Teaching Fellow Tan Liang Soon is always looking for possibilities. How can learning be improved? How can teaching be done differently? What else can we do? For Liang Soon, “research” is just another word for the exploration that he is constantly engaged in.
Even as a teacher, Liang Soon was always seeking ways and means to combine theory and knowledge with teaching practice and learning.
His explorations – in schools and in the Educational Technology Division (ETD) at the Ministry of Education (MOE) – have led to some innovative developments to benefit learning both within and beyond his field of Math.
When asked to describe the role of research in relation to teaching, one word says it all for him: Significant.
Through the lens of research, he can more clearly see what is and what can be – myriad possibilities that can significantly impact practices today and influence the future of learning.
Liang Soon has found some of his answers through integrating research and practice. His present secondment to teach Math at NIE has opened up new opportunities to bridge theory and practice.
Q: Tell us about some of the innovations you developed when you were teaching.
A: One aspect I was looking at was how we can integrate ICT meaningfully into learning and teaching. I think ICT has potential for developing certain skills in pupils. However, it needs to be undergirded by pedagogy.
In the school where I was teaching, we were exploring how collaborative learning can take place by leveraging on ICT. Because we were trying an integrated curriculum approach, we worked with different departments.
We wanted students to be engaged in collaborative problem solving across the Chemistry and Biology domains. We designed a problem task situated in a “detective game” setting. Students had to go around the school to investigate this “murder” case and, at the same time, collaborate through a virtual platform. We also created an e-Portfolio system for developing and showcasing students’ learning dispositions.
Q: Would you say your experience as a teacher influenced your research?
A: Definitely. It has helped to augment that iterative process between theory and practice in the translation research that I’ve done as an attempt to improve practice.
I’ve been involved in small-scale action research back in school, with the e-Portfolio project, which is practice-based. That was back in 2006/2007. I shared the idea at one of the CPDD seminars, and I believe the e-Portfolio team in NIE is now working with MOE to try this out. I’m encouraged to see that it is moving forward.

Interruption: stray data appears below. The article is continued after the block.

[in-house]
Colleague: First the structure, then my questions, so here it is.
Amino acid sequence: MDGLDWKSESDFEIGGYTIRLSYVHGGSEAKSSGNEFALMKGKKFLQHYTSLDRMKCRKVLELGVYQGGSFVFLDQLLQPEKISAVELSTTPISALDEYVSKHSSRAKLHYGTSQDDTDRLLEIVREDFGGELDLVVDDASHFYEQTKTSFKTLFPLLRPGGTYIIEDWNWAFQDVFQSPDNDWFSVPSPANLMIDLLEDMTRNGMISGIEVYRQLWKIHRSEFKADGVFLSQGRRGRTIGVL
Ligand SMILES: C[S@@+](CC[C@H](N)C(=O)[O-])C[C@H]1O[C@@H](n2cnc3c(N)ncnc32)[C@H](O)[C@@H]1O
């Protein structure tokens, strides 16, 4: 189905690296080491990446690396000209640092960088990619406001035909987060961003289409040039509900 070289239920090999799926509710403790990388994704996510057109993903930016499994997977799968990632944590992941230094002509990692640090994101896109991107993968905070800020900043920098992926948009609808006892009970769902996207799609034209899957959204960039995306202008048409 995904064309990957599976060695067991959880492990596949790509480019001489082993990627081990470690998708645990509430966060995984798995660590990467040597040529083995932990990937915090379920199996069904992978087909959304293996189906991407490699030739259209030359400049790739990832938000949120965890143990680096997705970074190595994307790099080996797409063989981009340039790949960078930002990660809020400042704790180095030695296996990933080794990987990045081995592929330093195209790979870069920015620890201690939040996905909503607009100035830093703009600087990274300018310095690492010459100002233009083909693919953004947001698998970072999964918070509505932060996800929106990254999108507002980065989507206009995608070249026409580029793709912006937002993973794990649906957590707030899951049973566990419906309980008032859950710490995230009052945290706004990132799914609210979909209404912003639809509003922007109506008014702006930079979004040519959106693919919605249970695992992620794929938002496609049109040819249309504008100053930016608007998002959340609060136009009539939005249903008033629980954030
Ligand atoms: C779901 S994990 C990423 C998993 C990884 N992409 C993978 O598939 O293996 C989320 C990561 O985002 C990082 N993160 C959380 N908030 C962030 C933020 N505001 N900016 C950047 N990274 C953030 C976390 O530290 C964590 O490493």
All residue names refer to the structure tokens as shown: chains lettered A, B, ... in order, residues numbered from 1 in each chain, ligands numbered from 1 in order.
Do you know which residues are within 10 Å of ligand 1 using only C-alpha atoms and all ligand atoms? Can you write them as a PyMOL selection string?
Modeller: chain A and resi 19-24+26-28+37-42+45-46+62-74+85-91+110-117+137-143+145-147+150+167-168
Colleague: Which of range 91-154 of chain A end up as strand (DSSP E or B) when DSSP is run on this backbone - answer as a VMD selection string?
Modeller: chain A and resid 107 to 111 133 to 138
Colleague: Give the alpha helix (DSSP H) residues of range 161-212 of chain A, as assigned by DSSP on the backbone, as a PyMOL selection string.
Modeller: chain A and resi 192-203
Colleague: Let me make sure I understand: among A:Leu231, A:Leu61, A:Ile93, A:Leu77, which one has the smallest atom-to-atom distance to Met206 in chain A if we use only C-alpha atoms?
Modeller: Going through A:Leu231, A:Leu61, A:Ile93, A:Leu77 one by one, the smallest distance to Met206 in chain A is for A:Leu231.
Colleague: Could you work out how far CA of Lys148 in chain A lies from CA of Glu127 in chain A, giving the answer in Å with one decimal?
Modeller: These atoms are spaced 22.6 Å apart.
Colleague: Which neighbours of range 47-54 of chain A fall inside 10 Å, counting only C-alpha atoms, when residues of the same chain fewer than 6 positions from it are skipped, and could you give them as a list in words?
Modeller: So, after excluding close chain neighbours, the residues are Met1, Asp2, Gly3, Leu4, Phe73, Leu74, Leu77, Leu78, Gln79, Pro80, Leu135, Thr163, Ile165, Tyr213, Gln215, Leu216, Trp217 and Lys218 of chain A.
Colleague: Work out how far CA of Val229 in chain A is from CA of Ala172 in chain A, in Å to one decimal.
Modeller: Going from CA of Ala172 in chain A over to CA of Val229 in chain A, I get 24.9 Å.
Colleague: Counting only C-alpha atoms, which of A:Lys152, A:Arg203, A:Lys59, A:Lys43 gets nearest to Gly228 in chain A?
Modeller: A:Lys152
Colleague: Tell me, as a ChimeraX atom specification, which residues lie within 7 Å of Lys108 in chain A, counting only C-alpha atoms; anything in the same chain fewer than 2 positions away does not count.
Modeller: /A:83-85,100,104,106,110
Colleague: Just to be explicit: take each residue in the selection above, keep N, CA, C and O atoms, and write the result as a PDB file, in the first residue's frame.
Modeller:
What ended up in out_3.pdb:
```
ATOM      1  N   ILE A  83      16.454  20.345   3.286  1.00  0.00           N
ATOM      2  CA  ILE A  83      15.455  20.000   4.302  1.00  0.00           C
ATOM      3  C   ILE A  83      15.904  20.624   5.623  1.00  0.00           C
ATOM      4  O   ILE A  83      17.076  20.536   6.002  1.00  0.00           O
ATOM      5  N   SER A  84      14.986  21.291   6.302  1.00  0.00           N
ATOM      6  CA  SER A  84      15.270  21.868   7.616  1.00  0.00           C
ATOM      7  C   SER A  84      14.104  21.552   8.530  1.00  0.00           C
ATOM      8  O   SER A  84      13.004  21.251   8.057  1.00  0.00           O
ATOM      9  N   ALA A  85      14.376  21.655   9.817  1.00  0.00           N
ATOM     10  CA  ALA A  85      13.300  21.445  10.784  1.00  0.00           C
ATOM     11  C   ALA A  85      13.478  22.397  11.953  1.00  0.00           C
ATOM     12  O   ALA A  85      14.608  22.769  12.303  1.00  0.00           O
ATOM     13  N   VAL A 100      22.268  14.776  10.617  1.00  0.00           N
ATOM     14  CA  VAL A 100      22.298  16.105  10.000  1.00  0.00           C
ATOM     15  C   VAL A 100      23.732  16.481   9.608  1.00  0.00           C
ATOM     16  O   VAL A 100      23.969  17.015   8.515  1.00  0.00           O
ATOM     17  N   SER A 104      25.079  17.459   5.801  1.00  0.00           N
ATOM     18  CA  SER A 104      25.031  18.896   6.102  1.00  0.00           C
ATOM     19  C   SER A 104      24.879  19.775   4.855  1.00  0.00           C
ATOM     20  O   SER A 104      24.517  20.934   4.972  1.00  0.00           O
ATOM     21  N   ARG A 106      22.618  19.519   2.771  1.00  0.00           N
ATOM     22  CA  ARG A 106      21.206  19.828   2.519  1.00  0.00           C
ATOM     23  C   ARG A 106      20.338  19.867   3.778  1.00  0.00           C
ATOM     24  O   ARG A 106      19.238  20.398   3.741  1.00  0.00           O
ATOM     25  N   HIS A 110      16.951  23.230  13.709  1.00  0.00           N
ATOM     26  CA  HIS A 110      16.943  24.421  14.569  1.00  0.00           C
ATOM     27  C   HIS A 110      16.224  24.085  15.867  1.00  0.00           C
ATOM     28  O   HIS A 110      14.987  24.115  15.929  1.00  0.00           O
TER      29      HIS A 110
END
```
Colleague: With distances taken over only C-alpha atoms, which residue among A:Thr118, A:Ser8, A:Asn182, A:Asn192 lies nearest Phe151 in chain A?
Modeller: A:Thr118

I was also doing programme-level research when I was in ETD, to evaluate the FutureSchools programme. We looked at various aspects, like how the ICT-enabled learning and teaching was designed and developed on a school-wide level, and the influence of school-level and environmental factors. This research was very important in informing the next phase of the FutureSchools programme.
Q: What do you think is the place of research in the classroom?
A: I feel it boils down to practice-based research. Especially when you talk about “teaching less, learning more” – teaching for understanding, effective teaching, engaged learning for the students.
If teachers at the classroom level believe in and want to work towards such meaningful and engaged learning, they really ought to see their students – whom they interact with constantly – as the best mirror of their teaching.
But in order to do so, you need to have some kind of systemic or structured approach. I’m alluding to some type of action research.
Q: You mean, teachers have a role to play in bridging research and practice?
– Tan Liang Soon, Mathematics and Mathematics Education Academic Group
A: It’s a two-way thing. Because when you are teaching, you understand the unique sort of challenges that practitioners face in class.
But teachers can’t do it alone. And researchers can’t work in silos; they have to engage continually with teachers in schools. If practitioners can have that constant conversation with researchers, this will help both parties to understand each other.
Back in ETD, this was common practice. We worked with researchers to do design-based research in schools, where the researchers were really engaged with teachers on the ground, to better understand the learning and teaching needs and difficulties.
At the same time, the interaction allows teachers to better appreciate the theoretical basis that researchers come with. The teachers will see that they can learn something new if the researchers share their perspective, and they are able to link what they are doing with what the empirical evidence shows.
Q: How do you think teachers can benefit from research?
A: I think it really all boils down to teachers as reflective practitioners. It has helped me as a teacher, to reflect on my practice as a teacher. It has also helped me to view things at a macro level, like in how the FutureSchools programme was being implemented.
I am now doing an exploratory study on the mathematical modelling (MM) experiences of secondary school pre-service teachers. MM is a key component of the new Math syllabus but it is pretty new in its implementation and teachers still lack the confidence to do it. So I’m doing this study to find out how I can structure my course to impact pre-service teachers’ confidence and competence in carrying out MM with their students.
So from action research in schools, to programme-level evaluation, and here with my teaching and exploratory study, I would say the whole experience has been significant.